Increasing moves by Russia and Iran are attempting to change the political face of the region. Iran along with its proxy forces such as the Popular Mobilization Forces (PMF) and Hezbollah are extending the political and military reach of Tehran that may allow its influence to reach the Mediterranean. Russia has inserted itself into the Syrian civil war and has been making overtures to Turkey, whose relationship with the west has soured in recent years due to the actions of President Erdogan and his AK party.
This past June, Russia and Turkey announced that the Turkish military would purchase the S 400 anti-aircraft missile system from Russia in lieu of purchasing a NATO system. The S 400 is the most advanced system in the Russian arsenal and could effectively deny the US-led coalition the ability to provide a no-fly zone over northern Syria or provide anti-Assad forces, including the Syrian Kurds, air cover.
Iran has continued to increase its power over the Iraqi government in Baghdad and is in full control of the PMF, which are technically under control of the Iraqi government but are in fact trained, armed, and loyal to Tehran. This is in addition to its support to Lebanese Hezbollah and continued support to the Assad regime. Iran has become the most powerful and influential force in the region.
While Russian intent is to reestablish the “Great Game” and reinsert itself as a regional power, Iran is suspected to be working with North Korea to continue its nuclear and missile research in technical violation of the Joint Comprehensive Plan of Action, more commonly known as the Iran deal. The Iran deal was intended to keep Iran from continuing nuclear weapons research for at least 15 years, with an assumed breakout time of 1 to 2 years after that. Cooperating with North Korea, it is highly likely that Iran could have nuclear weapons in a very short time and has indicated it may pull out of the deal.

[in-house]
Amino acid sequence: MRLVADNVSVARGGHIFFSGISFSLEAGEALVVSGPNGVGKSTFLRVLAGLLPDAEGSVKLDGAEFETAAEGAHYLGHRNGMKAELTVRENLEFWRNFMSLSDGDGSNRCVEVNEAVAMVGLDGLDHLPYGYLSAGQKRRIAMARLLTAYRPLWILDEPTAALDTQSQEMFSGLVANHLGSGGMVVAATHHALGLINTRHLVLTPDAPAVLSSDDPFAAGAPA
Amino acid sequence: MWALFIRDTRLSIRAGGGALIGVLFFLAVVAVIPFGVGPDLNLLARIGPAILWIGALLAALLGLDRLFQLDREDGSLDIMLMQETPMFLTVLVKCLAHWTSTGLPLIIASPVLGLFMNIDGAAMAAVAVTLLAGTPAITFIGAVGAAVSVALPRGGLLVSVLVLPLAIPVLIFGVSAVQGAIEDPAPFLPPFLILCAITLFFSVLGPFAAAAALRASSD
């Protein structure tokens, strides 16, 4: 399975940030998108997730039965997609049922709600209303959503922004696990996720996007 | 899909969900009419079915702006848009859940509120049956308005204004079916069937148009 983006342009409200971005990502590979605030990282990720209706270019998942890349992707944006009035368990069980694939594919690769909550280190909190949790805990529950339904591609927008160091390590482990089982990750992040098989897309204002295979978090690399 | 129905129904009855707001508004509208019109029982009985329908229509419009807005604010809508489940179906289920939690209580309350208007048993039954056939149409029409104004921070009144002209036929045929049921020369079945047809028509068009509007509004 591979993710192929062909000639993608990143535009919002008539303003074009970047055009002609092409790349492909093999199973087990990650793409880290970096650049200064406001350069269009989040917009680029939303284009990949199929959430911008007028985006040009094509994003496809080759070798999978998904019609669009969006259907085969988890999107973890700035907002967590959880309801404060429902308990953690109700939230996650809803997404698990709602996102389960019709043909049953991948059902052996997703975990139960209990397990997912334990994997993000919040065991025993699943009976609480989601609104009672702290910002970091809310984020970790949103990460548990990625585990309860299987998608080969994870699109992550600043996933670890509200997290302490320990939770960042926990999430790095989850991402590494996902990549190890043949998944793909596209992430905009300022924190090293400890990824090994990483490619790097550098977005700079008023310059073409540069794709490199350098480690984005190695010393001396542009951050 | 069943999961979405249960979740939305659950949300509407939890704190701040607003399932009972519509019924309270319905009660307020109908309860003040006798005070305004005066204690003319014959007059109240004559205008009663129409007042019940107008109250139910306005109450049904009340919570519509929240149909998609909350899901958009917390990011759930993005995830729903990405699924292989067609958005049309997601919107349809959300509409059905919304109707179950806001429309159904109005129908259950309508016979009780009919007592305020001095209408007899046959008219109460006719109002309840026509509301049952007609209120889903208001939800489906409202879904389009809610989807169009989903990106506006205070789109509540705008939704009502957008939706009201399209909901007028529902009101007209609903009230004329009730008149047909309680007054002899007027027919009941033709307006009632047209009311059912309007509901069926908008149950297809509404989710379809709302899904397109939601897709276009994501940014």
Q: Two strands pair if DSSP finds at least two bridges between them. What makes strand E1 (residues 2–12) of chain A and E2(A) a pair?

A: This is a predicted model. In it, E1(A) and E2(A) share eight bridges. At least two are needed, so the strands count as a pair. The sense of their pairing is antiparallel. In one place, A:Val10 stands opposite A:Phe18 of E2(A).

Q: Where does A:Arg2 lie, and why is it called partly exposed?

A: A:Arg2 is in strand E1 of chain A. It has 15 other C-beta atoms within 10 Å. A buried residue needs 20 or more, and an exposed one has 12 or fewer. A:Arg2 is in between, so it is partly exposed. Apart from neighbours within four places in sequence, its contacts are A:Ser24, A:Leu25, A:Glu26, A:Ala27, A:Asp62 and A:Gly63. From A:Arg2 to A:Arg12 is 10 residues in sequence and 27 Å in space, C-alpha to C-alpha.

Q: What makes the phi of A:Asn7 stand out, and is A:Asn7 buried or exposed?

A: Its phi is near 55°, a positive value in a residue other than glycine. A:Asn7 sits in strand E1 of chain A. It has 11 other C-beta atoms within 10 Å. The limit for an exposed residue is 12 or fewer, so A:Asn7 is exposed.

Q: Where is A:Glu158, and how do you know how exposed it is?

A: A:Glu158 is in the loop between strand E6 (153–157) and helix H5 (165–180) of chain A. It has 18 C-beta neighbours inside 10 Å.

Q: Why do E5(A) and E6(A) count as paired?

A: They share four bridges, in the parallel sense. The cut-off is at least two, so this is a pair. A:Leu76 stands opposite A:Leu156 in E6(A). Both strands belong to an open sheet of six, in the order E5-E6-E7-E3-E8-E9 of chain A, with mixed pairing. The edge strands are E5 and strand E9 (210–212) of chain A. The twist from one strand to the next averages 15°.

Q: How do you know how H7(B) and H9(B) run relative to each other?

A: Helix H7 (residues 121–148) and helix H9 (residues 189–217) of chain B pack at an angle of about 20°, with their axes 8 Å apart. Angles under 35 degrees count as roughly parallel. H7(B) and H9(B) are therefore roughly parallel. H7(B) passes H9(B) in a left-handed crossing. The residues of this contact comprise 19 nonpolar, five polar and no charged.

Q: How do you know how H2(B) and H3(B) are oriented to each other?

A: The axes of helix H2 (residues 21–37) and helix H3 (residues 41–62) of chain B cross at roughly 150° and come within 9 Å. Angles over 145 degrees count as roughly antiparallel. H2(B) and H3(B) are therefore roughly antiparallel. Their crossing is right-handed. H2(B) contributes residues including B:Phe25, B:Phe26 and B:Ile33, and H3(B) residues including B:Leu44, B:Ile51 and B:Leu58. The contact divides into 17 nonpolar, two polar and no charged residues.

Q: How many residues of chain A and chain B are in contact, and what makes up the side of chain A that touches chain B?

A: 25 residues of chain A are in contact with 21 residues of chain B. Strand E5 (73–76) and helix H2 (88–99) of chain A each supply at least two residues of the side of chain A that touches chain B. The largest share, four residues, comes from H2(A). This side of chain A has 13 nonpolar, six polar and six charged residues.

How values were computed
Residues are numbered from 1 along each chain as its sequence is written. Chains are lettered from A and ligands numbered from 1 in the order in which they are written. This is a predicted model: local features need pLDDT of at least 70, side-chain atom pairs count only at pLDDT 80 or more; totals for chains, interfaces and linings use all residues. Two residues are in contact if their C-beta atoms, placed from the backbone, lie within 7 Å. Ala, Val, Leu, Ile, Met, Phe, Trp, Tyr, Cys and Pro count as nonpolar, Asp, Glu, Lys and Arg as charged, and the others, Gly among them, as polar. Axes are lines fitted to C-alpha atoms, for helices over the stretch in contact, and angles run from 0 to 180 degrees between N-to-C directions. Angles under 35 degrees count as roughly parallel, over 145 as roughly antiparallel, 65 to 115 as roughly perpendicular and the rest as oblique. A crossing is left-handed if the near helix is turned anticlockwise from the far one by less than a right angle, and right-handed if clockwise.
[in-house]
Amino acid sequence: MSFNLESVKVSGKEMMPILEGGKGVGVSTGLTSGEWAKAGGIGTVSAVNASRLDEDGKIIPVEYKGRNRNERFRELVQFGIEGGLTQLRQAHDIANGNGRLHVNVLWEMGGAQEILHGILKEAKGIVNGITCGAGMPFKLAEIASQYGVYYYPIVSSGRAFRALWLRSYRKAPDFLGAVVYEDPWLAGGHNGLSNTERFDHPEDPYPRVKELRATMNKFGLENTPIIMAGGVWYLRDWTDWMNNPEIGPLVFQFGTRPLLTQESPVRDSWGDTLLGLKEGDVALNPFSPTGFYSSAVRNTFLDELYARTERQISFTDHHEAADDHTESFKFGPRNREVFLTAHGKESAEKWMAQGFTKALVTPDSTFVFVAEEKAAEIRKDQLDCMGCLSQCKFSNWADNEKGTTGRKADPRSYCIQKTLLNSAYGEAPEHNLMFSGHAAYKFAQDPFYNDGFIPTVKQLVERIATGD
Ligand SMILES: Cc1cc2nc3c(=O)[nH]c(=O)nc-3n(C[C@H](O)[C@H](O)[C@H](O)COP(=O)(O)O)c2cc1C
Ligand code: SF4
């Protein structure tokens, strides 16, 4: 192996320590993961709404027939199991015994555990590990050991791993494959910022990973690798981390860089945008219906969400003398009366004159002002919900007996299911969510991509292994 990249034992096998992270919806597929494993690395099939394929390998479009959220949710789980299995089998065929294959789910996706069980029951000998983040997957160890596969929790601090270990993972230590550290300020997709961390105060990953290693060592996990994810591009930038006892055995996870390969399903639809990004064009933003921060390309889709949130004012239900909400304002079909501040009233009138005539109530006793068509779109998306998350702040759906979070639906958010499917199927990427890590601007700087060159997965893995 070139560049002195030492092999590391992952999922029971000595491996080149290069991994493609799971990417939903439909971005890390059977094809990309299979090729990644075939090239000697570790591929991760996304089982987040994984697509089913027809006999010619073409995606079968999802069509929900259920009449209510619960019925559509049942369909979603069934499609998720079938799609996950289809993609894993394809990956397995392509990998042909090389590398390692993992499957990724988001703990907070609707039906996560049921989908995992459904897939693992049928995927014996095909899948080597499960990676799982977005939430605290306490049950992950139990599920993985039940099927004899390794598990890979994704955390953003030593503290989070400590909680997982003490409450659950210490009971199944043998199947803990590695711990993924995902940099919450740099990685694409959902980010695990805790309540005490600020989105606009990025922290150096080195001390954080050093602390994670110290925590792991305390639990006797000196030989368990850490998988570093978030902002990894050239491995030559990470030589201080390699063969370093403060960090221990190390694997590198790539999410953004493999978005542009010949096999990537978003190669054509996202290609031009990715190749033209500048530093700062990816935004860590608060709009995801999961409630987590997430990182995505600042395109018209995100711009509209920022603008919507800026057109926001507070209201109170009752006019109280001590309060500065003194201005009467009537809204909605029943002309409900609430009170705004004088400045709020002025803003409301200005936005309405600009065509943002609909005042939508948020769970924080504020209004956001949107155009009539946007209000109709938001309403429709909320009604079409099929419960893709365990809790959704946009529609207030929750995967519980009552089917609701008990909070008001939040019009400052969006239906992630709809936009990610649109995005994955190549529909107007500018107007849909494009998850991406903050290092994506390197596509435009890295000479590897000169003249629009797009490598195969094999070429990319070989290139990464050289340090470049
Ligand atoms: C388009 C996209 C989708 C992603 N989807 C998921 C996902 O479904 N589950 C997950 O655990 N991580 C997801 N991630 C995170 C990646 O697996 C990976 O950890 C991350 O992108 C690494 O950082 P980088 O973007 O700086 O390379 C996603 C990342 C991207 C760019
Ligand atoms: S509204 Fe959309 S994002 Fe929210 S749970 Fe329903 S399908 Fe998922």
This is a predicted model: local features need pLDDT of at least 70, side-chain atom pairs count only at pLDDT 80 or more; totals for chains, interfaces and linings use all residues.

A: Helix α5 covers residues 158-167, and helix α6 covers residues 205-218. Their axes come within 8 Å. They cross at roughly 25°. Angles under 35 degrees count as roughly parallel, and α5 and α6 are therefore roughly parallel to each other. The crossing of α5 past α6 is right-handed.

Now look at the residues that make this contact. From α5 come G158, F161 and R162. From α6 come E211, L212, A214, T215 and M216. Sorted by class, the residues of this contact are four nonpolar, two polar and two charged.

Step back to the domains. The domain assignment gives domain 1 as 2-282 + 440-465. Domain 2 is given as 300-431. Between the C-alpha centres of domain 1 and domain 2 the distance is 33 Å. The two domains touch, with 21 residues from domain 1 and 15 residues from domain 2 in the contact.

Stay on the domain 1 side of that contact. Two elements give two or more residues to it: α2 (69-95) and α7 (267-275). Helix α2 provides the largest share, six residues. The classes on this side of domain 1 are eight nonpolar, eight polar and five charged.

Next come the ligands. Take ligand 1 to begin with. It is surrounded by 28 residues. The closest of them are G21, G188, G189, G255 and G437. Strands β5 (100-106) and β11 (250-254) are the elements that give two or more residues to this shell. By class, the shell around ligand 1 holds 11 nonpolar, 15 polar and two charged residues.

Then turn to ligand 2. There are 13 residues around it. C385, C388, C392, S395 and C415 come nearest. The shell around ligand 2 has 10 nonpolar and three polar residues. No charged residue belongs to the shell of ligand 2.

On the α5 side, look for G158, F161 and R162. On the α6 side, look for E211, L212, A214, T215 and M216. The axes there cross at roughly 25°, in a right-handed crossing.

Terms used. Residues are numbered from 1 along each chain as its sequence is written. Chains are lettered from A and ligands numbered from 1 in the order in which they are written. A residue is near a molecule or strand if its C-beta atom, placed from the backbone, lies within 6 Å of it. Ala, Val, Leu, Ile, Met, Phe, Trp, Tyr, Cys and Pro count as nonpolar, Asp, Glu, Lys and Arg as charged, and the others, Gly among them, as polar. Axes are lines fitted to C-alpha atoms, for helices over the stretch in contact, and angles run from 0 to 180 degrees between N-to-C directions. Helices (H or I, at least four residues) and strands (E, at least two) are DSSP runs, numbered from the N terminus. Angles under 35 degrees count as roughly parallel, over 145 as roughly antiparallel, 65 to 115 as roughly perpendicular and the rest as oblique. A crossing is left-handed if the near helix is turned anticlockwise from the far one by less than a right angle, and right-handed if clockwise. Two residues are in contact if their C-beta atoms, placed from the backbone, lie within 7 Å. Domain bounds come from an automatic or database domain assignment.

The North Korean program is directed at protecting North Korea from perceived US desires to overthrow the Kim regime and forcibly reunify the Korean peninsula. Another reason for North Korea to have nukes is to force a reunification on its terms and to blackmail the regional neighbors into accepting a unified Korea.
The Iranian program would have only one target, Israel, the only nuclear power in the region. It is unlikely that either country would hold back on the use of its nuclear arsenal. Should Iran decide not to launch at Israel it could still hold the region hostage with the threat of nuclear war.
Where does this leave Kurdistan? The answer is dependent on the actions of the US and the future of Kurdish independence. The future of Kurdish independence is less uncertain than the actions of the US. Assuming successful independence, the US must become the protector of not only Kurdistan but the region. A nuclear Iran will be a threat to not only peace in the region but the sovereignty of regional governments. The US will be forced to increase its presence in the region as well as ensuring that it is understood it will meet any use of weapons of mass destruction with a response in-kind. The easiest way to do this is to reduce the Iranian threat before it becomes overpowering.
A belief in US military power has been a problem recently, as the US has been perceived to be a paper tiger, a nation that will not use the full weight of its military. There is no quick and easy fix to this perception, but a strong response to North Korean activities would be a start as would be an unmistakable military presence in Kurdistan. Time is running short for Kurdistan to benefit from either US action or Iranian inaction. The face of the region is changing and the KRG must choose a protector. The only two countries that could fill the need are the US or Russia. Historically Russian assistance has cost nations sovereignty and independence of actions. Turkey could also fill in, but at what price.
Paul Davis is a retired US Army military intelligence and former Soviet analyst. He is a consultant to the American intelligence community specializing in the Middle East with a concentration on Kurdish affairs. Currently he is the president of the consulting firm JANUS Think in Washington D.C.
The views expressed in this article are those of the author and do not necessarily reflect the position of Rudaw.